Below are the points I will be covering in this article

What exactly do I mean by CLR Stored Procedure?

Why do we use CLR Stored Procedure?

Can we write a CLR Stored Procedure using C# and Visual Studio?

Step by Step guide to creating your first CLR Stored Procedure

What exactly do I mean by CLR Stored Procedure?

CLR stands for Common Language Runtime. Stored Procedures, Functions and triggers can be coded in CLR.

Why do we use CLR Stored Procedure?

We use CLR stored procedure for a number of reasons, few of which are as listed below…

1. CLR is faster than T-SQL in many cases.

2. CLR is used to accomplish task that are not possible by T-SQL because of their complexity.

3. Convenient for programmers, as CLR stored procedures can be written in C# or VB or in any other language that .NET framework supports.

Can we write a CLR Stored Procedure using C# and Visual Studio?

Yes, we can. In this article I will show you how to.

Step by Step guide to creating your first CLR Stored Procedure

Now that we have a basic understanding on what CLR stored procedures are and when to use them, lets now get started with how to implement them.

Step 1 : Open Visual Studio (I have used visual studio 2010 and SQL server 2005 for this example). Create new project and select the project type as “Visual C# SQL CLR Database Project” set the .NET framework to 3.5 (why ?)

Step 2 : Once the project is loaded. You should get a prompt like the one below,

Select an existing database connection or you can create a new one.

Step 3 : Once the project loads, right click the project and Add > Stored Procedure.

Give a name to the Stored Procedure and select ‘ok’.

Once the stored procedure is added, you will see a file like the one below

Step 4: Code

Now below is a small code set to get you started. I am preparing a simple sql command SELECT * FROM Products and sending the data using the SqlContext.Pipe.Send()

public partial class StoredProcedures  
{  
    [Microsoft.SqlServer.Server.SqlProcedure]  
    public static void GetAllProducts()  
    {  
        SqlConnection connection = new SqlConnection("context connection=true");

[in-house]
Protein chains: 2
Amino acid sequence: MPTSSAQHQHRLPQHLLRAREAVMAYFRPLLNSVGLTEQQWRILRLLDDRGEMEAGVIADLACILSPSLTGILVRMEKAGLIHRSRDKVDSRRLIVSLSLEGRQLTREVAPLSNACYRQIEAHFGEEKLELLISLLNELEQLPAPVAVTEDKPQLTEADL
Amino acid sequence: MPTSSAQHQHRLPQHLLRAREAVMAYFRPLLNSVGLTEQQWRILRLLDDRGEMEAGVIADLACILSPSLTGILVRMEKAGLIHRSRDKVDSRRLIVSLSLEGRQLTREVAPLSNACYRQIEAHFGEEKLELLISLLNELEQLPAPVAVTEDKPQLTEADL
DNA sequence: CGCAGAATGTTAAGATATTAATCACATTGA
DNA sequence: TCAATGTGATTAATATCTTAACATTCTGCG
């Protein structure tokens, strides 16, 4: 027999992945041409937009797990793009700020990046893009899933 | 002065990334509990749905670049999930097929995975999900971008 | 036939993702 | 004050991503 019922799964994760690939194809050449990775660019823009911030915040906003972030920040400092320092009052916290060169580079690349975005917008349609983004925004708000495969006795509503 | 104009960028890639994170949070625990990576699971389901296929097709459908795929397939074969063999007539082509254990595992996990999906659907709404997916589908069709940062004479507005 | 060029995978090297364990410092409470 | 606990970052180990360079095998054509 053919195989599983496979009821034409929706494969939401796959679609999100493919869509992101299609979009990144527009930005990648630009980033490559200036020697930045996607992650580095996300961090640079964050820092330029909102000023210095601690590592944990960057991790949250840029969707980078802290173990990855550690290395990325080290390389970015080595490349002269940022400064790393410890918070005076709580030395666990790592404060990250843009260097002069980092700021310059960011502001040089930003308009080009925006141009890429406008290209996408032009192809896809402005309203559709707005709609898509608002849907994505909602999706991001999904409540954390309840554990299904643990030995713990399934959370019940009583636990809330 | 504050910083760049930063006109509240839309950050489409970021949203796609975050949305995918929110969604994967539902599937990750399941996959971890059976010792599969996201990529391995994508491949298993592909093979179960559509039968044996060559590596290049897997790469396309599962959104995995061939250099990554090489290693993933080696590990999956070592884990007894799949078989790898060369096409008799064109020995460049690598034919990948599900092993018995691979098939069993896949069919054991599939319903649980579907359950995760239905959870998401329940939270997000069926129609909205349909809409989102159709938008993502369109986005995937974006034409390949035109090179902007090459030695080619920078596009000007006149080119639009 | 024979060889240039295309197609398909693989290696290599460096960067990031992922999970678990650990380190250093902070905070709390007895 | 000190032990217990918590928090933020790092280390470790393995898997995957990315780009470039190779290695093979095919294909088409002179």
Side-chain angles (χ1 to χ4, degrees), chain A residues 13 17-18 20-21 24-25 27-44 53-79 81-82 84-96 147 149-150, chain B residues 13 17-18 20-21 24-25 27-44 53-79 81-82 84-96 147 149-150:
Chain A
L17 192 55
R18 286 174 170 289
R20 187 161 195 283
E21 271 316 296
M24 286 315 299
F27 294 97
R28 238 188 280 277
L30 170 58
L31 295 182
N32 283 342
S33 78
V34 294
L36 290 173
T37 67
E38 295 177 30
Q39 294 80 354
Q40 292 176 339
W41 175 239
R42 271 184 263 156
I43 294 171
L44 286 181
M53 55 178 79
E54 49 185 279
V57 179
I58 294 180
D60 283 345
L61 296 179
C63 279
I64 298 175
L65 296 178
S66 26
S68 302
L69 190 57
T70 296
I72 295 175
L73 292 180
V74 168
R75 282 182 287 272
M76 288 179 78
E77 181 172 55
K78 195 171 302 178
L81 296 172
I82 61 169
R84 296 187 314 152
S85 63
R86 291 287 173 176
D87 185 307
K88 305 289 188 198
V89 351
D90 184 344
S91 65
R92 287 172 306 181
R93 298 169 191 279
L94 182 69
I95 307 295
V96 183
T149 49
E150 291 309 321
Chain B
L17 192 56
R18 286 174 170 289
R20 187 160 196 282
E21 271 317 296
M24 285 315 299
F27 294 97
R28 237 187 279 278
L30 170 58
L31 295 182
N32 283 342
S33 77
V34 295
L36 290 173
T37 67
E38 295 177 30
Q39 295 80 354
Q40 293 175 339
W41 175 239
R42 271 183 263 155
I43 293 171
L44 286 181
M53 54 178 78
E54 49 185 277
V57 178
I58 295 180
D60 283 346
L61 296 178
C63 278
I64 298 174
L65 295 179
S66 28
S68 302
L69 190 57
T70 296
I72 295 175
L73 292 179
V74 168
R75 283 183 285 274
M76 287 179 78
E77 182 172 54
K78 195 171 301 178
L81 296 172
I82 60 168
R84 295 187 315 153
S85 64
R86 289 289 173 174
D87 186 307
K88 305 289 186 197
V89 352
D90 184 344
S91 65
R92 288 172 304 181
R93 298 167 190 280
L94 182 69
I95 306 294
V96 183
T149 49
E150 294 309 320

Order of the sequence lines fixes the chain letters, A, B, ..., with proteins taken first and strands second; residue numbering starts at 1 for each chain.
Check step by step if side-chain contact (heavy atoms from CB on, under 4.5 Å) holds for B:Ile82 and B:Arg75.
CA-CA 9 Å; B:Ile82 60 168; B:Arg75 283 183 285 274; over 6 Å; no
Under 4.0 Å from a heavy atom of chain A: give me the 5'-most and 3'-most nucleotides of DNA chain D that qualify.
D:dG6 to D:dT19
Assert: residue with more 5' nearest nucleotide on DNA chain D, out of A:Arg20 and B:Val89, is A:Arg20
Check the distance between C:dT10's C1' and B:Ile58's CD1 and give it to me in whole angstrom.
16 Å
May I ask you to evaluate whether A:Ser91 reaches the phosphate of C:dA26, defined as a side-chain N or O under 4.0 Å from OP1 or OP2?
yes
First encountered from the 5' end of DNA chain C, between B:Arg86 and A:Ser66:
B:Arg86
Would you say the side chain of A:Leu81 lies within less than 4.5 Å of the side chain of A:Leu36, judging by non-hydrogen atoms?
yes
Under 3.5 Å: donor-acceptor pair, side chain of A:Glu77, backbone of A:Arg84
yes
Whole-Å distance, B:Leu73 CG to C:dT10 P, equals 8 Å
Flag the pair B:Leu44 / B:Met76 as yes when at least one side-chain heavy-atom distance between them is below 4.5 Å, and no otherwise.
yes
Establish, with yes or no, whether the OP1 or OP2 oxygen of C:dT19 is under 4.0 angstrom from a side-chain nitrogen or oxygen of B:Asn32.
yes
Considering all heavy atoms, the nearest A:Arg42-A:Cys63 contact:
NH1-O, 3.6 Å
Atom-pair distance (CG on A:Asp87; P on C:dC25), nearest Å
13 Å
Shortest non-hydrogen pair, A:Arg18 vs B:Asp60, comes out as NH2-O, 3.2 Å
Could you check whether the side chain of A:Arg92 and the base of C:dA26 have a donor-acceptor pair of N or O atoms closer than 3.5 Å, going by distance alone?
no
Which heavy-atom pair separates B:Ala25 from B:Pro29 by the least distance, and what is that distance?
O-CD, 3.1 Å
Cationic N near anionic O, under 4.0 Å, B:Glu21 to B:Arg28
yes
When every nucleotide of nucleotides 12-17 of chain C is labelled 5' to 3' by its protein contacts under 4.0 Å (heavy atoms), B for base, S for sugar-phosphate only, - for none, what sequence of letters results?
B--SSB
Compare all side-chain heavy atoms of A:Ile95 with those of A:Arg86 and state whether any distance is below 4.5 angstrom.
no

connection.Open();

        SqlCommand command = new SqlCommand("SELECT * FROM Products", connection);  
        SqlDataReader reader = command.ExecuteReader();

        SqlContext.Pipe.Send(reader);  
    }  
};  

Step 5: Build and Deploy your CLR Stored Procedure

Once your CLR stored procedure is ready the next step is to build and then deploy the stored procedure.(For successful deployment you will require your database login to be on the sysadmin role group)

P.S : Deploying the stored procedure may take some time and may even cause your visual studio to be ‘not responding’, be prepared for this.

If for whatever reason, the deployment is not successful you can always manually deploy the stored procedure and assembly by referring this article : Manually Deploying a CLR Stored Procedure

Step 6: Deployment Complete !

Once the deployment is successful, open the Sql Server Management studio and now you will see a stored proc added with the same name as that of the above function/method. Also along with the stored procedure an assembly is also added.

Step 6: Execute and Test your CLR Stored Procedure !

This is the last step of this tutorial. Now after your CLR stored procedure is deployed successfully, now its time to test it.

USE [ProductsDB]  
GO  
EXEC[dbo].[GetAllProducts]  
GO  

and on execution of the above CLR stored proc, I should get all the rows of the Products table as seen below.

Phew ! that was long :)

I also plan to write two more related post to this which are

How to pass parameter/input to a CLR stored procedure ?

– How to manually deploy a CLR stored procedure ?

Cheers !

Further Reading :

SQL SERVER – Introduction to CLR – Simple Example of CLR Stored Procedure

CLR Stored Procedure and Creating It Step by Step

Writing CLR Stored Procedures in C# – Introduction to C# (Part 1)